A group of astronomers have found potential signs of life in the atmosphere of neighboring Venus. There are indications that microbes living in the sulfuric acid clouds of the hot planet may be working.

Two telescopes in Hawaii and Chile have detected chemical traces of phosphine in the dense clouds of Venus. This poisonous gas on Earth is associated with life, according to a study published today in the journal Astronomy of Nature.
Several outside experts, as well as the study’s authors, agree that it is promising, but not the first evidence of life on another planet. They say the discovery so far does not meet the principle of “extraordinary claims require extraordinary evidence” put forward by Carl Sagan, who himself speculated that life may have been in the clouds of Venus in 1967.

“This is not crucial evidence,” said study co-author astrophysicist David Clementes. “There is not even a remnant of gunpowder in the hands of the main suspect, but there is something in the air that might suggest something.”
In astronomers searching for life on other planets outside the solar system, the main method is to look for chemical traces that can only occur as a result of biological processes. Three astronomers in Hawaii have decided to look for such traces on the nearest planet to Earth: Venus. They searched for traces of phosphine and found them.

On Earth, phosphine is formed in only two ways. The first is an industrial process. Gas was produced as a chemical weapon in World War I. The second way is natural, and comes from some animals and microbes. It can be found as a residue at the bottom of some swamps, in the intestines of some animals, and in the feces of penguins.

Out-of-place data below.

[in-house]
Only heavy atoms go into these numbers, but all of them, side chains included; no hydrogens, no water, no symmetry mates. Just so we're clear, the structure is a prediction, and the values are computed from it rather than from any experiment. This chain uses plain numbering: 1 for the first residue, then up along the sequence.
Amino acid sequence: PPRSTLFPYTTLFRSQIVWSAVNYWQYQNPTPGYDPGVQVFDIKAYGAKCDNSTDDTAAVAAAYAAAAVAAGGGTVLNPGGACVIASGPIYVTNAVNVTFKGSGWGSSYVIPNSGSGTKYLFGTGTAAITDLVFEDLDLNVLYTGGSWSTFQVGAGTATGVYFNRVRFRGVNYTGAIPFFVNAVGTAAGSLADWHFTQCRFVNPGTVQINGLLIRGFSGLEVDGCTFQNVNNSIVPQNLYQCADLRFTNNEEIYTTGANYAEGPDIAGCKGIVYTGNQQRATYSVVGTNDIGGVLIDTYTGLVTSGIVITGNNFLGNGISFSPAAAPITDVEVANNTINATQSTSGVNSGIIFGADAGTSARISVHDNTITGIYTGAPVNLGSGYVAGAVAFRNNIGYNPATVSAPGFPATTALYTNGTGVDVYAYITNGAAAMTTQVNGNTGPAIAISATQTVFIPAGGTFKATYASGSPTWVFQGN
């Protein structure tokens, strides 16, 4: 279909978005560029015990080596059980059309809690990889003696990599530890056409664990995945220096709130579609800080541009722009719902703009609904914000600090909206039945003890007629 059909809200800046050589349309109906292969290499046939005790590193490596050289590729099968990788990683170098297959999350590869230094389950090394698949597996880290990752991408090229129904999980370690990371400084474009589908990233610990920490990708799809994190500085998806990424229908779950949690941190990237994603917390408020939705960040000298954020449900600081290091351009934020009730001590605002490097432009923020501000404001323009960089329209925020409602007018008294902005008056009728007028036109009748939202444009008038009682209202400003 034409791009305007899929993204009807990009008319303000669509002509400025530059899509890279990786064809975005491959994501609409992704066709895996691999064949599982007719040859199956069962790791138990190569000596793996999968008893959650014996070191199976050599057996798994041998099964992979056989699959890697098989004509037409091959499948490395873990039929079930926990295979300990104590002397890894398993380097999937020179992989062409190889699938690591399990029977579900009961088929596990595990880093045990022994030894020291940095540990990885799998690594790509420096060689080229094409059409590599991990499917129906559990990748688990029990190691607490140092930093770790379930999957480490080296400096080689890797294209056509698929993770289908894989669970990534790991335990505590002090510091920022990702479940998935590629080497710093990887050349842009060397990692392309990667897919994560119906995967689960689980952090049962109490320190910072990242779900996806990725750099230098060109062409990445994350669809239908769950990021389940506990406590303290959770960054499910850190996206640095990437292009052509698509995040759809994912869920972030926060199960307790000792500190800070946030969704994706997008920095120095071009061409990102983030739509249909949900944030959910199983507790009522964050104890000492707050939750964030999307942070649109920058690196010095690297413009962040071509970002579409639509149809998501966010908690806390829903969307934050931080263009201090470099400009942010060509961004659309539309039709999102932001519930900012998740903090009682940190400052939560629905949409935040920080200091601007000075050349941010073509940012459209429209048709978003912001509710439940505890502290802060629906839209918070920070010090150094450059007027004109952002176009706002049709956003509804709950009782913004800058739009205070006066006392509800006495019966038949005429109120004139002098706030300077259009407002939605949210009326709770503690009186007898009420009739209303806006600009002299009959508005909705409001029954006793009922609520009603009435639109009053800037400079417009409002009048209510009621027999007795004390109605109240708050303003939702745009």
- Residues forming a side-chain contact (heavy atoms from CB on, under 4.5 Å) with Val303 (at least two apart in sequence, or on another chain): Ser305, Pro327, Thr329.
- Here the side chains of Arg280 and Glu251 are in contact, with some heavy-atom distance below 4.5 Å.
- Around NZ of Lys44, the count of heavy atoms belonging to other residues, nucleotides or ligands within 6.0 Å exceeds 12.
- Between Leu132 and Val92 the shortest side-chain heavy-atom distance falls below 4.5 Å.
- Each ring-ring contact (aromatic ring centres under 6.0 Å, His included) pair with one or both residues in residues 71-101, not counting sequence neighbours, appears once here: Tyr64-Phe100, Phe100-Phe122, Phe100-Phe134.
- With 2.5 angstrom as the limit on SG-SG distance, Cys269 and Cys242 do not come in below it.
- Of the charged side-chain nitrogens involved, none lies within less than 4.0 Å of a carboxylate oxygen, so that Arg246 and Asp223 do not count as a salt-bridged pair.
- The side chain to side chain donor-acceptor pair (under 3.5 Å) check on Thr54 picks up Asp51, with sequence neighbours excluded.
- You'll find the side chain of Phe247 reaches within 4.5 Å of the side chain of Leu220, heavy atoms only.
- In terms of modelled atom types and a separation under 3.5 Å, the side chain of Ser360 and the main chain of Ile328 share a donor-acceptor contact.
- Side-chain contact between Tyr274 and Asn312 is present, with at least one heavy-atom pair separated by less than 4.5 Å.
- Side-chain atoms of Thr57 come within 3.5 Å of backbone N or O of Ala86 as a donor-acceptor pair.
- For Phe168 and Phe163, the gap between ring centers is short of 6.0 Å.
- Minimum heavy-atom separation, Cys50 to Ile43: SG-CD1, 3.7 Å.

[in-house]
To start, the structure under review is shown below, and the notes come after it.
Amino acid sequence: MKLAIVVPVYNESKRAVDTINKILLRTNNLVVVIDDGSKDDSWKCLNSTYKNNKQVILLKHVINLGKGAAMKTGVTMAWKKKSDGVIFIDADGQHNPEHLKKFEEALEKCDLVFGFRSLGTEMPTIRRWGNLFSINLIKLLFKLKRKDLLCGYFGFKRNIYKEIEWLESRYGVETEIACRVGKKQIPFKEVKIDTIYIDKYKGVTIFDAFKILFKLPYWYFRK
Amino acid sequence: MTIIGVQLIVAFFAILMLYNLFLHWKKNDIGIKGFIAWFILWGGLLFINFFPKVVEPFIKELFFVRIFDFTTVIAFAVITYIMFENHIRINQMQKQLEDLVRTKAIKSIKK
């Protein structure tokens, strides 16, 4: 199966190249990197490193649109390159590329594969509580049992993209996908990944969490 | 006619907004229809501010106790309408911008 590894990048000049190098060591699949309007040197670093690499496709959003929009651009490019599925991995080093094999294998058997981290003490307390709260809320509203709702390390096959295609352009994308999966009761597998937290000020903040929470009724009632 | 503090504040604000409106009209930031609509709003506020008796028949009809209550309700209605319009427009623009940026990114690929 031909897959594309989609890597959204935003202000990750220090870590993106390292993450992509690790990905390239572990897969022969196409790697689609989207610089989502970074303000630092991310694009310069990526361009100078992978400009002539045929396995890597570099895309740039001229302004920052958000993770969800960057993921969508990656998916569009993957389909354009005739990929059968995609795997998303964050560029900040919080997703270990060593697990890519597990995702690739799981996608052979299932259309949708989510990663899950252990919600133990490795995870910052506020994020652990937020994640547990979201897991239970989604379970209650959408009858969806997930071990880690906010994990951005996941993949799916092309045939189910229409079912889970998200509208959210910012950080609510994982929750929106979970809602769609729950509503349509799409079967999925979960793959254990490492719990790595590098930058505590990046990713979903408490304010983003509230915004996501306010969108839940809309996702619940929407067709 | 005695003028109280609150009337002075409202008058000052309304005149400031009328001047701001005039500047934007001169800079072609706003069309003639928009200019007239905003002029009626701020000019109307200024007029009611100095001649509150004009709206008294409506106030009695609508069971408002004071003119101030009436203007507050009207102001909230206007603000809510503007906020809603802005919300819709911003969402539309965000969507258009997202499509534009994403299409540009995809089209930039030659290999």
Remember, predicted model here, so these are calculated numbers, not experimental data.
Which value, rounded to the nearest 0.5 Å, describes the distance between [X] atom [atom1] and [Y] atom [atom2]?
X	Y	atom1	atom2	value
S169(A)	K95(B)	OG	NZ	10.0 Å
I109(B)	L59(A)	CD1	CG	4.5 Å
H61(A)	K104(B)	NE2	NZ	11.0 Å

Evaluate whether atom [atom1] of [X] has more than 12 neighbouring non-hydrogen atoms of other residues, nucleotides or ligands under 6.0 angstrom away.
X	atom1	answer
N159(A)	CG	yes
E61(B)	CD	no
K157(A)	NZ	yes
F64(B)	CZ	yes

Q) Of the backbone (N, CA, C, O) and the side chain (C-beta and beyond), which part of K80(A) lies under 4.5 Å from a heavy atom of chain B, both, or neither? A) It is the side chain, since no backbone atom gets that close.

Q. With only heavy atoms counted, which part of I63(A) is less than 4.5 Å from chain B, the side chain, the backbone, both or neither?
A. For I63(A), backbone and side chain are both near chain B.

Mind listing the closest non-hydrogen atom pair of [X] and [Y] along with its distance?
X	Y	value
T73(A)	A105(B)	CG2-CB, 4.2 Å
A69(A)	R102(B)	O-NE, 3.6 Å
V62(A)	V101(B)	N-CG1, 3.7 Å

The study’s co-author, planetary scientist Sarah Sieger, says all alternatives to phosphine have been considered and all rejected: volcanoes, small meteorites, lightning strikes …
“None of these processes is able to produce such amounts of phosphine to explain the invention,” Siger said.

Astronomers say that it is not possible to have life on the surface of Venus, because the average temperature is about 425 degrees Celsius. But in the atmosphere above the surface, the story is different.
About 50 km above the surface of Venus is a dense cloud cover, where the temperature is at room temperature.

Phosphine could have originated from some kind of microbe, probably single-celled, housed in droplets of sulfuric acid, which spend their entire lives in clouds 15 miles [15 km] deep.
Life is definitely possible, but more evidence is needed, say other scientists.

Astronomer Lisa Kaltenger says the idea that we may be witnessing a biological process is exciting, but says not enough is known about Venus to say that life is the only explanation for the presence of phosphine.
David Greenspoon, an astrobiologist whose 1997 book suggested there may be life on Venus, said the discovery seemed “too good to be true.”
“I am excited, but also cautious. “We found an encouraging signal, but now we need to move on.”

The study’s co-author, Clemens, says his head tells him he “probably has a 10% chance of making a living”, but his heart tells him “he wants the chance to be much bigger because it would be very exciting”.


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